Ben Aris in Tirana -
The Blloku (the Block) epitomizes everything good about Albania's break with its dictatorial past and the journey it has just begun towards full membership of the EU. But recent events there show how far it still has to go.
During the Marxist-Leninist dictatorship of Enver Hoxha the Blloku was literally walled off from the poorest people in Europe – a Forbidden City full of impossible-to-find goods and eateries for the elite. Today, it is full of regular people sipping rich Turkish coffee in the many cafes, drinking Turkish beer in bars, browsing in the western-branded shops and even eating at an outlet of "Albanian Fried Chicken" that looks suspiciously like its US namesake. In June, one street was even closed to traffic and filled with beer-covered tables for a small crowd to watch the World Cup on giant TV screens. Albania has come a long way since Hoxha was deposed in 1989.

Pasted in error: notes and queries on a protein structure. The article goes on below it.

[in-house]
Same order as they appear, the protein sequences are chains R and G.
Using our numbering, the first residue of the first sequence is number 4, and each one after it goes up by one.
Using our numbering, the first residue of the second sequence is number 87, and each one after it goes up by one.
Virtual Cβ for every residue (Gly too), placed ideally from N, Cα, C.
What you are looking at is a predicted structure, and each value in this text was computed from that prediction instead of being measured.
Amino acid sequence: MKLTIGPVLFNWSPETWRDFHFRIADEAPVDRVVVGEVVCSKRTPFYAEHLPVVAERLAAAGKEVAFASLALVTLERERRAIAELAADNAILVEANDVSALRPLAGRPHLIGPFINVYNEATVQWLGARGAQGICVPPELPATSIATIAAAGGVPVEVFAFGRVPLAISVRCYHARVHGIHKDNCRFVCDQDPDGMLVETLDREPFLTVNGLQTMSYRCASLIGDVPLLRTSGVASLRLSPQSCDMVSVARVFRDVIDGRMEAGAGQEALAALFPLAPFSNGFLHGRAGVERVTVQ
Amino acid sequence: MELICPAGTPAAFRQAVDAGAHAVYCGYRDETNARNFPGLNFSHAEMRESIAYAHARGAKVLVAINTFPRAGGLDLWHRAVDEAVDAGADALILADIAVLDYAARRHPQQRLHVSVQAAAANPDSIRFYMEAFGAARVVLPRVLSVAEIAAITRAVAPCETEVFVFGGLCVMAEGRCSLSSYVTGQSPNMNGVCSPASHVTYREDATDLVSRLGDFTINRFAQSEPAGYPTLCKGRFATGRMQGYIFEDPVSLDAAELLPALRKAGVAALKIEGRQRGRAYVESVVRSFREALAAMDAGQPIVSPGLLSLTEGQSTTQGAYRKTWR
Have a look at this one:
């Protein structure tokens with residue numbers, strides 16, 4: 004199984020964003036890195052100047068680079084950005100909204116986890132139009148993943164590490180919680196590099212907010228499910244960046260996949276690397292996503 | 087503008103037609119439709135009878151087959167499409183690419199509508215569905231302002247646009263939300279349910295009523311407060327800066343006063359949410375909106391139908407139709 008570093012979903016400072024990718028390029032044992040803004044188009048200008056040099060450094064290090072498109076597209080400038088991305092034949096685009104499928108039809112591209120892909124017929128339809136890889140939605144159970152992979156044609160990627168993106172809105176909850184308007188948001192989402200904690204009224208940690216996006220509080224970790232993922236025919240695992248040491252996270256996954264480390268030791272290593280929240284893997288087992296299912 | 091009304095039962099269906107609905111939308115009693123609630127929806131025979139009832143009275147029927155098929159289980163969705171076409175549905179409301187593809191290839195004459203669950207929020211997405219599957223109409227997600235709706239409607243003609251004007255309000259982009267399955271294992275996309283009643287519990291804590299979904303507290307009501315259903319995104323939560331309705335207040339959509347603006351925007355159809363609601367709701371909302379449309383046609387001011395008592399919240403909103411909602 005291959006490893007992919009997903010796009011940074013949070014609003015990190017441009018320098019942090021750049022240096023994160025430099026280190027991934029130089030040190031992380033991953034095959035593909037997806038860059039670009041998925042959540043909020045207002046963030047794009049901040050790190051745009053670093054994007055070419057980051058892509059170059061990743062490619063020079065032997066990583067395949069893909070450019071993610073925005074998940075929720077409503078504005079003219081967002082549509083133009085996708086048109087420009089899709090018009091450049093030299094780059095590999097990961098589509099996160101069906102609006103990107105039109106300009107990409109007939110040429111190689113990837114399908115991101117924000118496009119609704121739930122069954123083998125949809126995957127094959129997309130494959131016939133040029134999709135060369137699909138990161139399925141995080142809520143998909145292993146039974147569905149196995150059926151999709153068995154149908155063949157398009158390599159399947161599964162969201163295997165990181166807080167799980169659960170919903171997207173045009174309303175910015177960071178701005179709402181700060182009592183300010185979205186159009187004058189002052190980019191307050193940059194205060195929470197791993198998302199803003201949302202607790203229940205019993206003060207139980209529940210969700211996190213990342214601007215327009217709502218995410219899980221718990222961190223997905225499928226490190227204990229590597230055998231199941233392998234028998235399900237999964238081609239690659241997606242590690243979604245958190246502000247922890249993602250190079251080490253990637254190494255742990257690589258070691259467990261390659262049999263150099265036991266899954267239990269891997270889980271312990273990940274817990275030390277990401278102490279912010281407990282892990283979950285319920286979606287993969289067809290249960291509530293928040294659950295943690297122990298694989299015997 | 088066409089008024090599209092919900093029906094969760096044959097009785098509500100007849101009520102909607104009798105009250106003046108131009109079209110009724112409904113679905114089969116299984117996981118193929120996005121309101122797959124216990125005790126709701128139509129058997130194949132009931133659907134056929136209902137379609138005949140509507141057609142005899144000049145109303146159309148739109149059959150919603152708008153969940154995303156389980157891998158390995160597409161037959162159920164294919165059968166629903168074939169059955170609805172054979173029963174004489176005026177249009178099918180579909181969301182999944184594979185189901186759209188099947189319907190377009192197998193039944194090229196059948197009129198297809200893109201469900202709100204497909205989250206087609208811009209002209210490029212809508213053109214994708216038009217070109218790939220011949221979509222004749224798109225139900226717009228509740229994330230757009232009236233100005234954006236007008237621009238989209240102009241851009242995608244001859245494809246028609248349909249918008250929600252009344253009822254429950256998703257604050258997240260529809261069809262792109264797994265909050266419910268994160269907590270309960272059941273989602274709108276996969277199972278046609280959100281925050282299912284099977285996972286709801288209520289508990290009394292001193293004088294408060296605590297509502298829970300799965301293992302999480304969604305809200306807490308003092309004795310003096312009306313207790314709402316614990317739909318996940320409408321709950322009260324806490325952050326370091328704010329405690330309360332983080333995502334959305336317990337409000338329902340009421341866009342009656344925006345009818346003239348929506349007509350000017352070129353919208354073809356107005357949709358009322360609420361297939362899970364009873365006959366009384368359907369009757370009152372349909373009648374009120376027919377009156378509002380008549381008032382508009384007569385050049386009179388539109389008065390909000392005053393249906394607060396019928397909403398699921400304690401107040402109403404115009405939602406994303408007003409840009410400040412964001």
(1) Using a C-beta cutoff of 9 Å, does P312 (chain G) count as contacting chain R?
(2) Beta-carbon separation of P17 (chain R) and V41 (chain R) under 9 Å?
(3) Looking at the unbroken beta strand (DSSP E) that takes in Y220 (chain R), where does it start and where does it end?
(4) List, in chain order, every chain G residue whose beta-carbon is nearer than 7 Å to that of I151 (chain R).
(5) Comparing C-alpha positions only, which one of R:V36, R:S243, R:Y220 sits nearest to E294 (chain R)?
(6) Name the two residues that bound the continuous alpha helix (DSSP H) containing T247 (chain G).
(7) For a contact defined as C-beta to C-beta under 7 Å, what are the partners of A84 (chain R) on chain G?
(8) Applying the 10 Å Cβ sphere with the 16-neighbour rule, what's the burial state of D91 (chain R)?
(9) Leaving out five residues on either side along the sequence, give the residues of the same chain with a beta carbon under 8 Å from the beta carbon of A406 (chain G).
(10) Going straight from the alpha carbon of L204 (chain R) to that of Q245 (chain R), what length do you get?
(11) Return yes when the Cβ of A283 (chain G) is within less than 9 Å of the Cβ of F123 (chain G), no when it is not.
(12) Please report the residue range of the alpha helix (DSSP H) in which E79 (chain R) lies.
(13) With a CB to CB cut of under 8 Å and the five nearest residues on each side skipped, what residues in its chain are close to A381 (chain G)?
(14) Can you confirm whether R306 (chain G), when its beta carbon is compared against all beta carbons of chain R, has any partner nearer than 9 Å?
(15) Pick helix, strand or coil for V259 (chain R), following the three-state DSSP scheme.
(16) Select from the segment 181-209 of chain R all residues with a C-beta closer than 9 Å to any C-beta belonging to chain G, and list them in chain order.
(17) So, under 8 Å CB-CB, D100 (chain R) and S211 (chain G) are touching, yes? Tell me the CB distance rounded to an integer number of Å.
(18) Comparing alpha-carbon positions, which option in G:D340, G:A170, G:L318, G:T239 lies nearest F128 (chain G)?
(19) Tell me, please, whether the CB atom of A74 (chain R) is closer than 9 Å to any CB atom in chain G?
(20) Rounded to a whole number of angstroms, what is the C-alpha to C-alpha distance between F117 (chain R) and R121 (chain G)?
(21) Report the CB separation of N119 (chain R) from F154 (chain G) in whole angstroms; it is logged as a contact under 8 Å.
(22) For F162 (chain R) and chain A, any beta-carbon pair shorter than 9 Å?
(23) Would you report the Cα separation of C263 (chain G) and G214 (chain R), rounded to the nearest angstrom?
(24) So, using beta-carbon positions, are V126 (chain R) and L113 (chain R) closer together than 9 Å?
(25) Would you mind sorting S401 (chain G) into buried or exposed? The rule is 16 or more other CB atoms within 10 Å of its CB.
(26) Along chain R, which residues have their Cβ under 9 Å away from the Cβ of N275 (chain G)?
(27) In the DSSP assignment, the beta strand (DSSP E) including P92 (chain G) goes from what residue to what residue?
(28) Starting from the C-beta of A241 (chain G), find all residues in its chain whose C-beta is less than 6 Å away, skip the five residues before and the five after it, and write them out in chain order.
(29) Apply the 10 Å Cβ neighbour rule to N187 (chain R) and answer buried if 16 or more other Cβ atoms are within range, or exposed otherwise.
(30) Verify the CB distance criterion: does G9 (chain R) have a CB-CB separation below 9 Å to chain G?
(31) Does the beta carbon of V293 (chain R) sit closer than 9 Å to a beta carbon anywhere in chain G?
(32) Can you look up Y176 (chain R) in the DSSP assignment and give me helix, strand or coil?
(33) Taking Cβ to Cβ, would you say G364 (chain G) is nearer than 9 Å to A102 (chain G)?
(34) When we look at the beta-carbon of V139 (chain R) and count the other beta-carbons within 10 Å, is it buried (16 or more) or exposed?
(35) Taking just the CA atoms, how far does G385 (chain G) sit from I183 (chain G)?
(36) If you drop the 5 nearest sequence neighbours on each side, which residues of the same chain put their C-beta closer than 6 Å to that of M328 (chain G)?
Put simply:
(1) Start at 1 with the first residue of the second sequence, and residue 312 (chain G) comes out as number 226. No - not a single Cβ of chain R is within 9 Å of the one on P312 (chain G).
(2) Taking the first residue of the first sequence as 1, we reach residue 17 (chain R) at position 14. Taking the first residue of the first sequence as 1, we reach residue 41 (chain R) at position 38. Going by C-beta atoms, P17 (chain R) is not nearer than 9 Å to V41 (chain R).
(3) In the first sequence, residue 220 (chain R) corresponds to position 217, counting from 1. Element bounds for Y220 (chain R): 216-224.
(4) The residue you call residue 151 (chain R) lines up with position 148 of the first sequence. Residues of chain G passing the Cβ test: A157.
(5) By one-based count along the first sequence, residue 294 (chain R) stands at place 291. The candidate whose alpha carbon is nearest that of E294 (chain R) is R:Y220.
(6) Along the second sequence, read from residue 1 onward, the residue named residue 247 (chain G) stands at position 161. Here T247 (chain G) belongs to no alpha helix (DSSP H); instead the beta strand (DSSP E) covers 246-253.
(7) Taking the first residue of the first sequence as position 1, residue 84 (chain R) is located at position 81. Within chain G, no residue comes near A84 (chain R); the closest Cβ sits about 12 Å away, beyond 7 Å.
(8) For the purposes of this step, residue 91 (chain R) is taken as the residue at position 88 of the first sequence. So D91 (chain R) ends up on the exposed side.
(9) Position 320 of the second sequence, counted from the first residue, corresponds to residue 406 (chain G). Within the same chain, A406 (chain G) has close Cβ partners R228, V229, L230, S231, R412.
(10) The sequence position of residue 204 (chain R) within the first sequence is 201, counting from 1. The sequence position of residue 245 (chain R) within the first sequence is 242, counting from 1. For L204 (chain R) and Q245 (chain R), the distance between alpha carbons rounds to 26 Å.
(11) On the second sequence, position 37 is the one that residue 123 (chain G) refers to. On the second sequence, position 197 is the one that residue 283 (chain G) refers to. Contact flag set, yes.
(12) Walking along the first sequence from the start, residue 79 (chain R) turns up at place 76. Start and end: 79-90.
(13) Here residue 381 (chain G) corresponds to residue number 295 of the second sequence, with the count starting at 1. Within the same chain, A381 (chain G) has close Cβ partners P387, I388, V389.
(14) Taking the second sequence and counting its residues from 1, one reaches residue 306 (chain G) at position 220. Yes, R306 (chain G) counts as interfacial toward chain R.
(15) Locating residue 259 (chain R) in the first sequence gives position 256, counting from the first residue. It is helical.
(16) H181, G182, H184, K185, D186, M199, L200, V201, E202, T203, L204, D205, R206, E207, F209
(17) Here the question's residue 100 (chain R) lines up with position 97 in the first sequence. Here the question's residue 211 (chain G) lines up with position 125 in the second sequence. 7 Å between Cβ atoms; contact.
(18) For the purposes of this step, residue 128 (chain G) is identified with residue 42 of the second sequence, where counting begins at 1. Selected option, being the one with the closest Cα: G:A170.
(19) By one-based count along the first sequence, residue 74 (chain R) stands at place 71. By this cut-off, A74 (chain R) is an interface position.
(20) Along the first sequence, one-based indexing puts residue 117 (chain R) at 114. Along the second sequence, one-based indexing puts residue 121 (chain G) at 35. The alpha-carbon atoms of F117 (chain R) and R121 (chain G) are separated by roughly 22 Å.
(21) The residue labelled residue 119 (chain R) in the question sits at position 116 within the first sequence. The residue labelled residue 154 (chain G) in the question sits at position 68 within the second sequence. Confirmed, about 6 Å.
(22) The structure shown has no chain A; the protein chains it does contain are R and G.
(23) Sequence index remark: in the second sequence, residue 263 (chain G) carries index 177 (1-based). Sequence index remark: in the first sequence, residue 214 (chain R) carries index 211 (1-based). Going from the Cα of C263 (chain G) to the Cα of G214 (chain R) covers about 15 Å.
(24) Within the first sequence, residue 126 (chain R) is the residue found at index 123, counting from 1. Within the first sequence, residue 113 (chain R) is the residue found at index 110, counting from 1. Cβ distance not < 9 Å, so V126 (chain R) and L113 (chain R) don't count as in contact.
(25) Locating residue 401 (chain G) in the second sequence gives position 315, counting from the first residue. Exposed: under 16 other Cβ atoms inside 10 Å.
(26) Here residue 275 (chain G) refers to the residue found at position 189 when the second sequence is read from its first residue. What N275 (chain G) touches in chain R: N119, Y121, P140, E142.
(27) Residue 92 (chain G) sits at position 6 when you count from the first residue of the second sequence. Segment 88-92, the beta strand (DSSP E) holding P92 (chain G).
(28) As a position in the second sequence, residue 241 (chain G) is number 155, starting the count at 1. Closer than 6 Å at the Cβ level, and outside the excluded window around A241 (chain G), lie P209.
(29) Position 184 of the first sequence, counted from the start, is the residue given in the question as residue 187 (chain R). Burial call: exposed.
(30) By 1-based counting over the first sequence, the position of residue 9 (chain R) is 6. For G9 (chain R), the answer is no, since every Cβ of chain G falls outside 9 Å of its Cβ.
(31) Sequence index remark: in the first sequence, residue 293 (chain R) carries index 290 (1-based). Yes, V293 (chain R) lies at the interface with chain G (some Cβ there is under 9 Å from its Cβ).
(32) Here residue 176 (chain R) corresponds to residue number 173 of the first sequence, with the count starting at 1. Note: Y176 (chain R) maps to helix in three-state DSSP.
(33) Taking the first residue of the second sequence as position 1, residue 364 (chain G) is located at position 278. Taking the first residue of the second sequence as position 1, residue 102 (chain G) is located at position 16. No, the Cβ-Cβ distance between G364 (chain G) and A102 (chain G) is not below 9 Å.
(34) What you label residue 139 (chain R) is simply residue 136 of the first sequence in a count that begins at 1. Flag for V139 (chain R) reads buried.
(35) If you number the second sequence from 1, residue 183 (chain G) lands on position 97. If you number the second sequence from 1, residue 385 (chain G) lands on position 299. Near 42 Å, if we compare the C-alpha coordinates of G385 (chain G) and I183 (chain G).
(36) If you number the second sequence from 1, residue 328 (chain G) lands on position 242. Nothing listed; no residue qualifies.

But not far enough. On the morning of June 26 the tranquil atmosphere of the Blloku was rent by machine gun fire. A motorcycle carrying two men riddled Artan Santo, founder and CEO of Credins Bank, Albania's biggest private bank, with bullets in a professional mafia-style execution, before racing off and disappearing into the rundown city. The men had followed the banker from his home and the whole incident was caught on CCTV, but police were powerless and have failed to identify the culprits.
The shooting was a stark reminder of just how much work Albania has to do before it can join the EU – the process for which began when it was granted cherished "candidate status" at the end of June. High on the list of things to do for the government set by the EU is deal with corruption and organized crime, which are bad even by Emerging European standards.